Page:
AMES, Iowa — It is not unusual for dairy goat farmers to be thinking about drying off their herd this time of the year. Dr. Michelle Buckley from Iowa State University spoke during a webinar this month in which she talked about the process of drying off dairy goats and treating them for mastitis.
Buckley shared information ranging from the natural defenses goats have to the treatments we can give them to bring them back to health.
“We are not milking (goats) during the early dry period, obviously, so we are not removing any bacteria that may have gained entry,” Buckley said. “After dry-off, a keratin plug forms to provide a long-term barrier.”
The time period between the last milking and the formation of the keratin plug, which changes from animal to animal, is when the mammary gland is most vulnerable. However, it is not the only time mastitis can form. During the webinar, Buckley focused on subclinical mastitis.
There are different ways, Buckley said, to detect subclinical mastitis. She described how it visually cannot be detected but rather needs to be detected through a culture, California mastitis test or by directly tracking somatic cell count.
Doing a culture has another benefit; it can tell what bacteria is causing the infection of the udder. The most common bacteria found is non-aureus staph, which has many different strains within itself, the most common being epidermidis. Once a goat has mastitis, there are many ways it can affect them. During her webinar, Buckley shared studies that explain these ways.
One study showed there was no change in the milk yield throughout the first lactation, but it did note there could be a “slow burn effect.”
“They are seeing that atrophy of the functional mammary tissue might take more than one lactation,” Buckley said. “Or, they might not see the effects fully until they’ve looked for a couple of years.”
Every study from a different country resulted in different results, likely due to the mastitis cases being caused by varying bacteria. Even SCC results were different across the studies. In some studies, SCC increased, and in others, it decreased. The differences in SCC, Buckley said, are caused by how well various goats do in adding water to the milk within their udder to flush the bacteria out.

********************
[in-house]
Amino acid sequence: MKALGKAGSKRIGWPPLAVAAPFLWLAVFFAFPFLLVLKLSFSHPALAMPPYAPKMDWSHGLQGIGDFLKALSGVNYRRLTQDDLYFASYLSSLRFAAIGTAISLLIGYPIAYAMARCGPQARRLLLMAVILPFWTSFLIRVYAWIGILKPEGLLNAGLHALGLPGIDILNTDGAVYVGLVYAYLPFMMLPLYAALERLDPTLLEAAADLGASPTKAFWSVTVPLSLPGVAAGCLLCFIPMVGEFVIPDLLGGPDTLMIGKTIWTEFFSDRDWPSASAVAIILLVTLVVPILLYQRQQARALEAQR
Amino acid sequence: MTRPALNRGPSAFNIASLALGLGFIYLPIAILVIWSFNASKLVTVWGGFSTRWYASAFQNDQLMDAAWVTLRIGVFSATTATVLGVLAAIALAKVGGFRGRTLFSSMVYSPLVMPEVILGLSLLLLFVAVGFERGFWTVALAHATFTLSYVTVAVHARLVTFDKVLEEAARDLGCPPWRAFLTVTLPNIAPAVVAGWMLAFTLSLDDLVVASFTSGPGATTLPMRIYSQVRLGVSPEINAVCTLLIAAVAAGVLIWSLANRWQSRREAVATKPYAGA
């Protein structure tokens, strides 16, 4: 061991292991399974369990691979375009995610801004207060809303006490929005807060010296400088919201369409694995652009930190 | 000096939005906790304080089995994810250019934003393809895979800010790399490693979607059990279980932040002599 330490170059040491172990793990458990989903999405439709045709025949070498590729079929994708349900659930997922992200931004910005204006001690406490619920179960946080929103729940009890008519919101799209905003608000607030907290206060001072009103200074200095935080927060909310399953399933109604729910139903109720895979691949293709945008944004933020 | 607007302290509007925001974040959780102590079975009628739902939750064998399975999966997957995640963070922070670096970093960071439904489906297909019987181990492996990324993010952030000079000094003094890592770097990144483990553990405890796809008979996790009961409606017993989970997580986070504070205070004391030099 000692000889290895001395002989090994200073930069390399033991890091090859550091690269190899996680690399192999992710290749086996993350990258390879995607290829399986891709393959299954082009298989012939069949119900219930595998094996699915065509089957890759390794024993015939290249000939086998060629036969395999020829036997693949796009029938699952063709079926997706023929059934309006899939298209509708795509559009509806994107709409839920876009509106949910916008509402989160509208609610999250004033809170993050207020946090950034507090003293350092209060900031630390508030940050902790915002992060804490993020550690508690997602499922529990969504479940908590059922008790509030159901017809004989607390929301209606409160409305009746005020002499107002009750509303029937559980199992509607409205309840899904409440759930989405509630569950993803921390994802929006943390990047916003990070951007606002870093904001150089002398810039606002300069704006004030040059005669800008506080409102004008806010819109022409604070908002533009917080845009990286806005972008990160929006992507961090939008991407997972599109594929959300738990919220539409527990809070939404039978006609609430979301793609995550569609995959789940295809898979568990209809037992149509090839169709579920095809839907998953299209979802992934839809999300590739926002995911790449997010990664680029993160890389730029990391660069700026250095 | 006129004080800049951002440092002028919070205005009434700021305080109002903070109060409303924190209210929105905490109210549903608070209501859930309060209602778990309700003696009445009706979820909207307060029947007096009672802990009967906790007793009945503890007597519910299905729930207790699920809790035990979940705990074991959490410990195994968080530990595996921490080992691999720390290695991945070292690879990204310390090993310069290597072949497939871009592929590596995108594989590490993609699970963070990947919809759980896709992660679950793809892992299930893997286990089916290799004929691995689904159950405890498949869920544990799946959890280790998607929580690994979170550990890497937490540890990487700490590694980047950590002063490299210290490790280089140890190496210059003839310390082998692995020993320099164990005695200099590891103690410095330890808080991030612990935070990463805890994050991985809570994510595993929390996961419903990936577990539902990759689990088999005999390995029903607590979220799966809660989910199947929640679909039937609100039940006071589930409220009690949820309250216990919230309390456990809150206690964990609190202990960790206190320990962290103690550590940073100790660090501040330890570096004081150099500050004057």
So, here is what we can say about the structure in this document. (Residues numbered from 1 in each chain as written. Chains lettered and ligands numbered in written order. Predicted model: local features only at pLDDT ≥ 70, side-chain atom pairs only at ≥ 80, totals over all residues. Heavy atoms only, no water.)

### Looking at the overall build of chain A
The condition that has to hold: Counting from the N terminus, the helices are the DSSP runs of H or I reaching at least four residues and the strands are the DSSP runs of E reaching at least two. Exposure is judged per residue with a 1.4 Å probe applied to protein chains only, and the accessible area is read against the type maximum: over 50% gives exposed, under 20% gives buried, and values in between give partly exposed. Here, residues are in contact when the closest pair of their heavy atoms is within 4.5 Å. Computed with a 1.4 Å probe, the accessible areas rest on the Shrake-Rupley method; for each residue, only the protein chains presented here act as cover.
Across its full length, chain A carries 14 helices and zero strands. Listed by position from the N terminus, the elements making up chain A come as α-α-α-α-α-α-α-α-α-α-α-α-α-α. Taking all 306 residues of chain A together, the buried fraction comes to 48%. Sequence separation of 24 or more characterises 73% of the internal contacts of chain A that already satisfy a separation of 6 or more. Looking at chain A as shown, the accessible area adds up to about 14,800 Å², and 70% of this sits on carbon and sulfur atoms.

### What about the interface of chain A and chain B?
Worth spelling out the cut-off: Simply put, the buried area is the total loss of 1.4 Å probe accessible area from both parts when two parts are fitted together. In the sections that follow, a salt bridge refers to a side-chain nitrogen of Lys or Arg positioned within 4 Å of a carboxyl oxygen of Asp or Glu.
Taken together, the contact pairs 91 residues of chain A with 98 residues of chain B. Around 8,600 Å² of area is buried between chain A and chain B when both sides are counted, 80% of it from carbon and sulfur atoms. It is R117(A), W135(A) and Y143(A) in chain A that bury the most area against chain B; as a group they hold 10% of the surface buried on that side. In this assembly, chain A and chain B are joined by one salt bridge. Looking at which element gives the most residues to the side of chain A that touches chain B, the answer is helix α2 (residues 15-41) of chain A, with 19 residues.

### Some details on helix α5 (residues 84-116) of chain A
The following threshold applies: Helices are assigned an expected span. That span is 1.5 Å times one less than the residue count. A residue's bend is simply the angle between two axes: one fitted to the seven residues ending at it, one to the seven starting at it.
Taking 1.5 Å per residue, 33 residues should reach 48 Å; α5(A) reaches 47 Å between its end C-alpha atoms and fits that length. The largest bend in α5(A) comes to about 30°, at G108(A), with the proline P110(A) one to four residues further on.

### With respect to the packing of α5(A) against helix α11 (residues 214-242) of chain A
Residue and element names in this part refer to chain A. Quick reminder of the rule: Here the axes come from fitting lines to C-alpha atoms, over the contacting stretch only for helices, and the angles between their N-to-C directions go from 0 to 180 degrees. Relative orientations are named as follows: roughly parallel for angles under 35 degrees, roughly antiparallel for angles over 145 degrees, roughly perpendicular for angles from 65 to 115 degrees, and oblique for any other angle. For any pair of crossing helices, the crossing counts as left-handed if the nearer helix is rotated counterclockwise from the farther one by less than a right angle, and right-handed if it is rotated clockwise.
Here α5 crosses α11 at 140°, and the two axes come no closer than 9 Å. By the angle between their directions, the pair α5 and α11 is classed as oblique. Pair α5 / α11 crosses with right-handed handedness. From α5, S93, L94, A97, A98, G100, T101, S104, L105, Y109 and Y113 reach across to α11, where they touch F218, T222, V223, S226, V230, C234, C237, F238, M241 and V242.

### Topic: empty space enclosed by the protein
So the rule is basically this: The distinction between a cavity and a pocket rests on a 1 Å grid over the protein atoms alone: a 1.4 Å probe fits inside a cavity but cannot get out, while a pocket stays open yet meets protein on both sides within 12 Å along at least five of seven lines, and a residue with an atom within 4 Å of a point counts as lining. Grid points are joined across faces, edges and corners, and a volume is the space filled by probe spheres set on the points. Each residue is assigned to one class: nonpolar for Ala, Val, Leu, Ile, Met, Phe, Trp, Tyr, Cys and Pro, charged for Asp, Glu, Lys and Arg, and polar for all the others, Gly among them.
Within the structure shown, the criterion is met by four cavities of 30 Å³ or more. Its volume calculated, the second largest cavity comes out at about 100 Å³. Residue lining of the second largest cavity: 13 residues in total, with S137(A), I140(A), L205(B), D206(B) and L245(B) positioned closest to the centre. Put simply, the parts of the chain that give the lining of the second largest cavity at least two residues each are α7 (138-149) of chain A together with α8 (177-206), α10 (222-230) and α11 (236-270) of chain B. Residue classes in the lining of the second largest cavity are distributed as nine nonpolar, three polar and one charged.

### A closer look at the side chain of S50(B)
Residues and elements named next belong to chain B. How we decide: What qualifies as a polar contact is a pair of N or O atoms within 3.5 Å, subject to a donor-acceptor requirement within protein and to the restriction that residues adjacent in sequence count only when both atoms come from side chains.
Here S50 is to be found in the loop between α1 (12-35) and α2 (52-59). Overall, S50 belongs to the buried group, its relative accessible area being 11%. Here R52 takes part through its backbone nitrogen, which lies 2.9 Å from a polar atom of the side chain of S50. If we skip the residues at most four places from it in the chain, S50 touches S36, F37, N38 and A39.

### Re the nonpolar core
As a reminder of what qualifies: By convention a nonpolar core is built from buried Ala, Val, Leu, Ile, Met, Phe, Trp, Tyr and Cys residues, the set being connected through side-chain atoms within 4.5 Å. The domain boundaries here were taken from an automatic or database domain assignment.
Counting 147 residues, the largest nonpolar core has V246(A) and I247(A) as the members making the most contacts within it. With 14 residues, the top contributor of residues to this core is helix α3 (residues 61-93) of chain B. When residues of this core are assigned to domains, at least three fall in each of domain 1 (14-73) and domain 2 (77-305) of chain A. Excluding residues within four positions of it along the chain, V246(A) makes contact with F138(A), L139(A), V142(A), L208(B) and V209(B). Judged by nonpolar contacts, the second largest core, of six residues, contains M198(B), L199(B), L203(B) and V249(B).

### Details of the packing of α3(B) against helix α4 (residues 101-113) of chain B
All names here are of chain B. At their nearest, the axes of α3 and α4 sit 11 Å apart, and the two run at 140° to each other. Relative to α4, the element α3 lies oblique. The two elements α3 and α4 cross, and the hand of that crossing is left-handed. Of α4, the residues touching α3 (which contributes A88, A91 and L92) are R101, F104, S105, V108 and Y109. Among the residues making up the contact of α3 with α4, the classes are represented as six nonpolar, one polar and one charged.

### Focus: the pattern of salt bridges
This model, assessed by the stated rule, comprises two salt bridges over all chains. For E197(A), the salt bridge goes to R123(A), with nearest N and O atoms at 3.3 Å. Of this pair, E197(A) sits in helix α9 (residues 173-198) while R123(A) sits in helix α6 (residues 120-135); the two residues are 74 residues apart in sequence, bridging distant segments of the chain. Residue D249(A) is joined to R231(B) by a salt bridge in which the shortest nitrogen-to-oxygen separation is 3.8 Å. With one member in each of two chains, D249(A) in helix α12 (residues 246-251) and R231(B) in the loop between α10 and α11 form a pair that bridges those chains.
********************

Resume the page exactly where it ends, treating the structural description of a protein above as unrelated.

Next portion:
While some goats are able to cure themselves, most need an added boost. There are two different ways Buckley discussed as to how mastitis can be treated. One of the ways is during lactation. For a couple days, a short-acting intramammary antibiotic is injected into the infected halves. This type of treatment averages a 53% cure rate. If left untreated, the cure rate is only 12%.
Another form of treatment Buckley described was dry treatment. This consists of infusing a long-lasting antibiotic into the udder after the doe has been dried off. Benefits of this treatment include a higher chance of killing the deep-rooted infections, only needing to do the treatment once and a cure rate over 80% on average.
The downfalls of this treatment are the limited windows for lactation, having to know the kidding date and dry period length, the withdrawal period after freshening, and the cost of the treatment.
However, if mastitis is left untreated, it has many impacts on the herd. One is the longevity of the herd. While a study addressing longevity after mastitis has not been completed on goats, a study conducted on sheep showed that there was an increase in the number of animals that were culled because their SCC was greater than 1,000,000.
This led to the need to treat the animals but not compromise the milk quality. During the webinar, Buckley said knowing the breeding dates, keeping track of which animals were treated and following the withhold period are important steps in keeping the milk quality from dropping.
“(The goats) should all have a permanent ID, like a tattoo, as well as a temporary identification, like a leg band,” Buckley said. “It’s also best if we can separate the treated does in a different pen.”
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